http://faostat.fao.org/site/339/default....
).

Ewe's milk differs from milk of other species mostly due to its high solid contents (Assenat, 1991ASSENAT, L. Leche de oveja. In: LUQUET, F.M. Leche y productos lacteos: vaca - oveja - cabra. Spain: ACRIBIA, 1991. p.275-339.); however, it is rarely consumed in natura, being mainly used in the production of cheeses and yoghurts (Ramos and Juarez, 2011RAMOS, M.; JUAREZ, M. Sheep Milk. In: FUQUAY, J.W.; FOX, P.F.; MCSWEENEY, P.L.H. Encyclopedia of Dairy Sciences. 2. ed. United Kingdon: ELSEVIER, 2011. v.3, p.494-502.). The Lacaune breed selection has been directed for meat and dairy production (Barrilet et al., 2001BARRILET, F.; MARIE, C.; JACQUIN, M. et al., The French Lacaune dairy sheep breed: use in France and abroad in the last 40 years. Livest. Prod. Sci., v.71, p.17-29, 2001.), thus allowing higher production values. However, the seasonality in the ewe's milk production and the low productivity per animal make it difficult to achieve a uniform distribution of milk throughout the year. A commonly used solution to gather sufficient quantities of milk for processing purposes is the freezing of raw milk for several weeks or months (Wendorff, 2001WENDORFF, W.L. Freezing qualities of raw ovine milk for further processing. J. Dairy Sci., v.84, E74-E78, 2001.).

The majority of dairy sheep producers often need to freeze bulk milk. However, the method which has been used can affect the quality of the raw material and final product. It is recommended to previously cool milk to temperatures between 4 and 6° C and then quickly perform the freezing at around -25°C. Slow freezing at around -12°C may cause protein degradation after a storage period of two or three months and this degradation impairs the formation of curds in cheese production (Berger, 2001BERGER, Y.M. Milking equipment for dairy ewes. In: GREAT LAKES DAIRY SHEEP SYMPOSIUM, 7., 2001. Eau Claire, Wisconsin. Anais...Eau Claire: [s.n] 2001. p. 9-16. Disponível em: <http://www.ansci.wisc.edu/extension-new%20copy/sheep/Publications_and_Proceedings/symposium%20PDF/2001_dairysheep.pdf>. Acessado em:20 dez. 2012.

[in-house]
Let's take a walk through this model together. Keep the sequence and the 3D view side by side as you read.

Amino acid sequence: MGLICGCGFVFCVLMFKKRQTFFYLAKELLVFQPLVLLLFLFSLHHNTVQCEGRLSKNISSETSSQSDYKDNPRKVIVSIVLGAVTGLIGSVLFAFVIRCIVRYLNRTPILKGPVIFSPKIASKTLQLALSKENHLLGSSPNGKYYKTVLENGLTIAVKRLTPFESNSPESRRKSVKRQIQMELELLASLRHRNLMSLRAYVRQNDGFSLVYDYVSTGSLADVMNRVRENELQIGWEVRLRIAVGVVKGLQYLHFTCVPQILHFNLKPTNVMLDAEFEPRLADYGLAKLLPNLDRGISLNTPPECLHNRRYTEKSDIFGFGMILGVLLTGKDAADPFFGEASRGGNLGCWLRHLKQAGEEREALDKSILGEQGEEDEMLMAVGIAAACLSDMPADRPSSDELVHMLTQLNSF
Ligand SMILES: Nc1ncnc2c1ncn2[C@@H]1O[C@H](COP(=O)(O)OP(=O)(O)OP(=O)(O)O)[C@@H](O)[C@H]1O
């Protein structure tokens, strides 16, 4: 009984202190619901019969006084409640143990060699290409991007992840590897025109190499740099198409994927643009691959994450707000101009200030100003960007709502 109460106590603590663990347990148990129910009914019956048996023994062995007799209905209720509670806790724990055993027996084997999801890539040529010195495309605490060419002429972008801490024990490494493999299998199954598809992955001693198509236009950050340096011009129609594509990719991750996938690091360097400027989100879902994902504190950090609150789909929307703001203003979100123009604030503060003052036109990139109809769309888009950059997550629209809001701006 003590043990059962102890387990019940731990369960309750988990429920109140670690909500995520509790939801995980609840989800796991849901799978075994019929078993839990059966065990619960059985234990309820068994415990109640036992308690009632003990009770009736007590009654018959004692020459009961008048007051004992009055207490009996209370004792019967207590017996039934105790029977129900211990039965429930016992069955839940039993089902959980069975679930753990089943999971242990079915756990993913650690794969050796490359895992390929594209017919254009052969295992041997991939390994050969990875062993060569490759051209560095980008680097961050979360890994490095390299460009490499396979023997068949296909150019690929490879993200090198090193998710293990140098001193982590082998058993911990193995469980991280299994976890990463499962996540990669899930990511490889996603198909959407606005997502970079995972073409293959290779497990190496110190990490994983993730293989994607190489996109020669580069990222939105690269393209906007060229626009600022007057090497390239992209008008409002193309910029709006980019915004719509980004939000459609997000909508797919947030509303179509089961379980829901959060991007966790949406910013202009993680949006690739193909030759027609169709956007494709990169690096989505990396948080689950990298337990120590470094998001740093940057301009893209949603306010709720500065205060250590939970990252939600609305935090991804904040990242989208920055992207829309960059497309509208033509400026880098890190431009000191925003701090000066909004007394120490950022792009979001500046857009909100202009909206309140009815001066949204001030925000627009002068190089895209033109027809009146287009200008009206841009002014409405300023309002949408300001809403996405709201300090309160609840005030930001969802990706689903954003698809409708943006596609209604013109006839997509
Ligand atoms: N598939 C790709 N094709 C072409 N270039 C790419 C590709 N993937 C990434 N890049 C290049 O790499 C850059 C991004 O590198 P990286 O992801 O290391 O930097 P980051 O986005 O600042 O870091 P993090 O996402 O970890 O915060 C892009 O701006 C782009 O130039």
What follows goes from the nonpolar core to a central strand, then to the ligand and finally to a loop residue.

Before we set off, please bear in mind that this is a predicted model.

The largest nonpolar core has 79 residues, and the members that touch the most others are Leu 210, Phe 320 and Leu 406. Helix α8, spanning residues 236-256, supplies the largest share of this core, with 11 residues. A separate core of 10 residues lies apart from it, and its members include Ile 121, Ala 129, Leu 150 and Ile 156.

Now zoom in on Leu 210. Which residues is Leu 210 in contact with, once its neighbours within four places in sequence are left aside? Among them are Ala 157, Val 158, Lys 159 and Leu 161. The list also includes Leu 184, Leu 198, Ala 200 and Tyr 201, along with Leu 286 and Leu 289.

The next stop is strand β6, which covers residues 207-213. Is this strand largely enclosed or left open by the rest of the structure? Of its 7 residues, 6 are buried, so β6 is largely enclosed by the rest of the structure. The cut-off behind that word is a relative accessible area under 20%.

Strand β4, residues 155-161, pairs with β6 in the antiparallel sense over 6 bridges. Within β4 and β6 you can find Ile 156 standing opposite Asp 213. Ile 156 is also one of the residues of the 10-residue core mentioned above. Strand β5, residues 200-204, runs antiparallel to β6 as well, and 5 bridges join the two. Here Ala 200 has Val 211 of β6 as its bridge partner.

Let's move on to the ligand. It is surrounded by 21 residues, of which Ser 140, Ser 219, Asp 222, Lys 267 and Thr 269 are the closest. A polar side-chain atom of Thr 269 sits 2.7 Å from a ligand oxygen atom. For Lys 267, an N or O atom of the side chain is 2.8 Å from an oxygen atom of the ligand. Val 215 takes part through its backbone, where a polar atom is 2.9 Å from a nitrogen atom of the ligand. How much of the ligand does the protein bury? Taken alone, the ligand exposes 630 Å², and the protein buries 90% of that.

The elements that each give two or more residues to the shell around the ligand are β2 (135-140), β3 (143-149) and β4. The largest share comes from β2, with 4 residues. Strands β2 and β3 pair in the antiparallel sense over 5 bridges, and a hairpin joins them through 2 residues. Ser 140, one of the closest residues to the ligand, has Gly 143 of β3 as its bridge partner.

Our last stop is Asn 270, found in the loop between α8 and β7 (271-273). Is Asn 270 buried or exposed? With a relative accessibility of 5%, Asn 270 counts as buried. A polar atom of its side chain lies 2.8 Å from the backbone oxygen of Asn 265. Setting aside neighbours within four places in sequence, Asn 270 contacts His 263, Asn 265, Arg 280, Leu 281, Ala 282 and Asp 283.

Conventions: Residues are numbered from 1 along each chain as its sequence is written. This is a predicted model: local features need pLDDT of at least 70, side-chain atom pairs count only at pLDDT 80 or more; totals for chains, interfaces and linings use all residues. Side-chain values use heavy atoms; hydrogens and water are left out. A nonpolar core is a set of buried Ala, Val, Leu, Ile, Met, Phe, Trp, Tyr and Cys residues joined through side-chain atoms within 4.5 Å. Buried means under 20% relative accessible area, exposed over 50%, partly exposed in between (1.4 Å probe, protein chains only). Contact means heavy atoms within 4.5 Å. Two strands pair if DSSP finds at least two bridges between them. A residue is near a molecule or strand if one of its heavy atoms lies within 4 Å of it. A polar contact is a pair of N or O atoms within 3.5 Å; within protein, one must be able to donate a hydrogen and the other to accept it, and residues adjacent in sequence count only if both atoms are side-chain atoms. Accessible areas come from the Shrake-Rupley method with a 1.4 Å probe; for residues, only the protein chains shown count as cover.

http://www.ansci.wisc.edu/extension-new%...
).

Previous researches have been carried out in order to assess the effect of freezing on the physical and chemical characteristics of ewe's milk (Wendorff, 2001WENDORFF, W.L. Freezing qualities of raw ovine milk for further processing. J. Dairy Sci., v.84, E74-E78, 2001.; Zhang et al., 2006ZHANG, R.H.; MUSTAFA, A.F.; NG-KWAI-HANG, K.F.; ZHAO, X. Effects of freezing on composition and fatty acid profiles of sheep milk and cheese. Small Ruminant Research, v.64, p.203-210, 2006.); however, milk of Lacaune ewes has not been studied for such purpose. Considering this fact and the importance of preserving fresh ewe's milk for longer periods until a sufficient volume of milk has been obtained for processing purposes, this study aimed to evaluate low temperature storage during seven days on the quality of milk, by taking milk samples for twelve months.

MATERIAL AND METHODS

Bulk tank milk samples were collected monthly between January and December 2011 from four dairy sheep farms in the mountainous region of the State of Rio Grande do Sul, Brazil. The selection criteria for these farms were based on the fact that these are the most important milk producer regions in Rio Grande do Sul.